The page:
Meet the Researcher: Sara Nelson
Master of Science Candidate | she/her/hers
Sara Nelson is part of an MITPPC-funded team led by Tiffany Wolf and Dan Larkin. Check out this profile's companion piece, "Ahead of the Herd: How Goat-Grazing Research is Helping with Buckthorn Control."
Can you give a quick overview of your work with MITPPC?
I am specifically looking at how goat grazing impacts the whole plant community, including the native plants that might be growing at a particular site. I am also surveying landowners and managers to understand their reasons for using goats, the types of contexts where they are using them, and their observations about the best ways to use them.
What drew you to invasive species research?
I had a roundabout way of arriving here, as my undergraduate degree is in philosophy. After college I did a lot of different things and ended up getting interested in plants and the ways people engage with them. This led to working as a field botanist on a couple of research projects, particularly looking at biodiversity and biological homogenization in and outside of cities. Working on those projects opened my eyes to the extent to which most of our landscapes are completely dominated by nonnative species. I’m interested in understanding why this is and what we can do about it, since healthy native plant communities are the crucial foundation for biodiversity.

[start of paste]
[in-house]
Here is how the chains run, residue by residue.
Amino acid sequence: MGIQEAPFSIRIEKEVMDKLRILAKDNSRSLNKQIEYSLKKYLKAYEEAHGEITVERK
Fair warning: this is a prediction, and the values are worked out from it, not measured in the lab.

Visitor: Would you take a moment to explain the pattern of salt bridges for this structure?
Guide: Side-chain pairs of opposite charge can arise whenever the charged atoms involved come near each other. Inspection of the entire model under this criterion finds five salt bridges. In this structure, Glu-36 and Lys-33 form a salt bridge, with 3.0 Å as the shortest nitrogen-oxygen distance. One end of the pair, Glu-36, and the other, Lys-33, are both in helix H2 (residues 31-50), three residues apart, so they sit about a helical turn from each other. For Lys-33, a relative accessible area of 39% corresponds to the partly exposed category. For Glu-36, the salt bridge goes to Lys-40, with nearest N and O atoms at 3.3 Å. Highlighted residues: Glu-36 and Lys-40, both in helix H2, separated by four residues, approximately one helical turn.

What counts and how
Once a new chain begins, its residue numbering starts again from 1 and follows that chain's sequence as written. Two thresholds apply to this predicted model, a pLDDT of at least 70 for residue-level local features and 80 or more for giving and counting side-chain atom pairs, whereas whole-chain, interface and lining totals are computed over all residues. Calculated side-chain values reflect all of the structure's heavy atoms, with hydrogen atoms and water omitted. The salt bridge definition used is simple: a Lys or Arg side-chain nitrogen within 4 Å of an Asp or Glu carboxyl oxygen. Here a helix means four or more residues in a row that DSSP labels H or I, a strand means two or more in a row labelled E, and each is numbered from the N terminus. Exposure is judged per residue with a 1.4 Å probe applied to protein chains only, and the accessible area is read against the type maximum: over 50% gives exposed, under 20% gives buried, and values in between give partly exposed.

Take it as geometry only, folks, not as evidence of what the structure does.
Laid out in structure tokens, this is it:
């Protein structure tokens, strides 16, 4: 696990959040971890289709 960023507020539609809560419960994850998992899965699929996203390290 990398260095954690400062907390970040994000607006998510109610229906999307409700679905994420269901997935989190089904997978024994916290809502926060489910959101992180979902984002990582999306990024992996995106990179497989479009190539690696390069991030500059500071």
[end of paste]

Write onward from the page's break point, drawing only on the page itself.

I also grew up in southern Minnesota, and so I've experienced living in and around ecologically compromised woodlands. It's exciting to me to be learning about methods of ecological restoration that I could apply to improve the places I care about.
What is one thing you hope people can take away from your research project by the end of it?
I hope the research ends up being able to make some comparisons about the trade-offs inherent in different restoration methods that will be useful to land managers.
When you are not out in the field or in the lab, what do you like to do for fun?
I enjoy gardening, plants, cooking, biking, the whole “South Minneapolis lifestyle.” I really love foraging for wild foods and eating them, and have published a zine called “Weeds of Minneapolis.” I also organize a project in my neighborhood called the Corcoran Pollinator Project, which coordinates neighbors to get together and plant free pollinator gardens in the boulevards.
About the Author
Caro Silvola is a Communications Intern with the Minnesota Invasive Terrestrial Plants and Pests Center (MITPPC). She is a double major in Bioproducts & Biosystems Engineering and English Literature and is highlighting research-community partnerships in the summer of 2019. Outside of the office, Caroline likes biking, making art, exploring, volunteering in her community and participating in environmental movement spaces.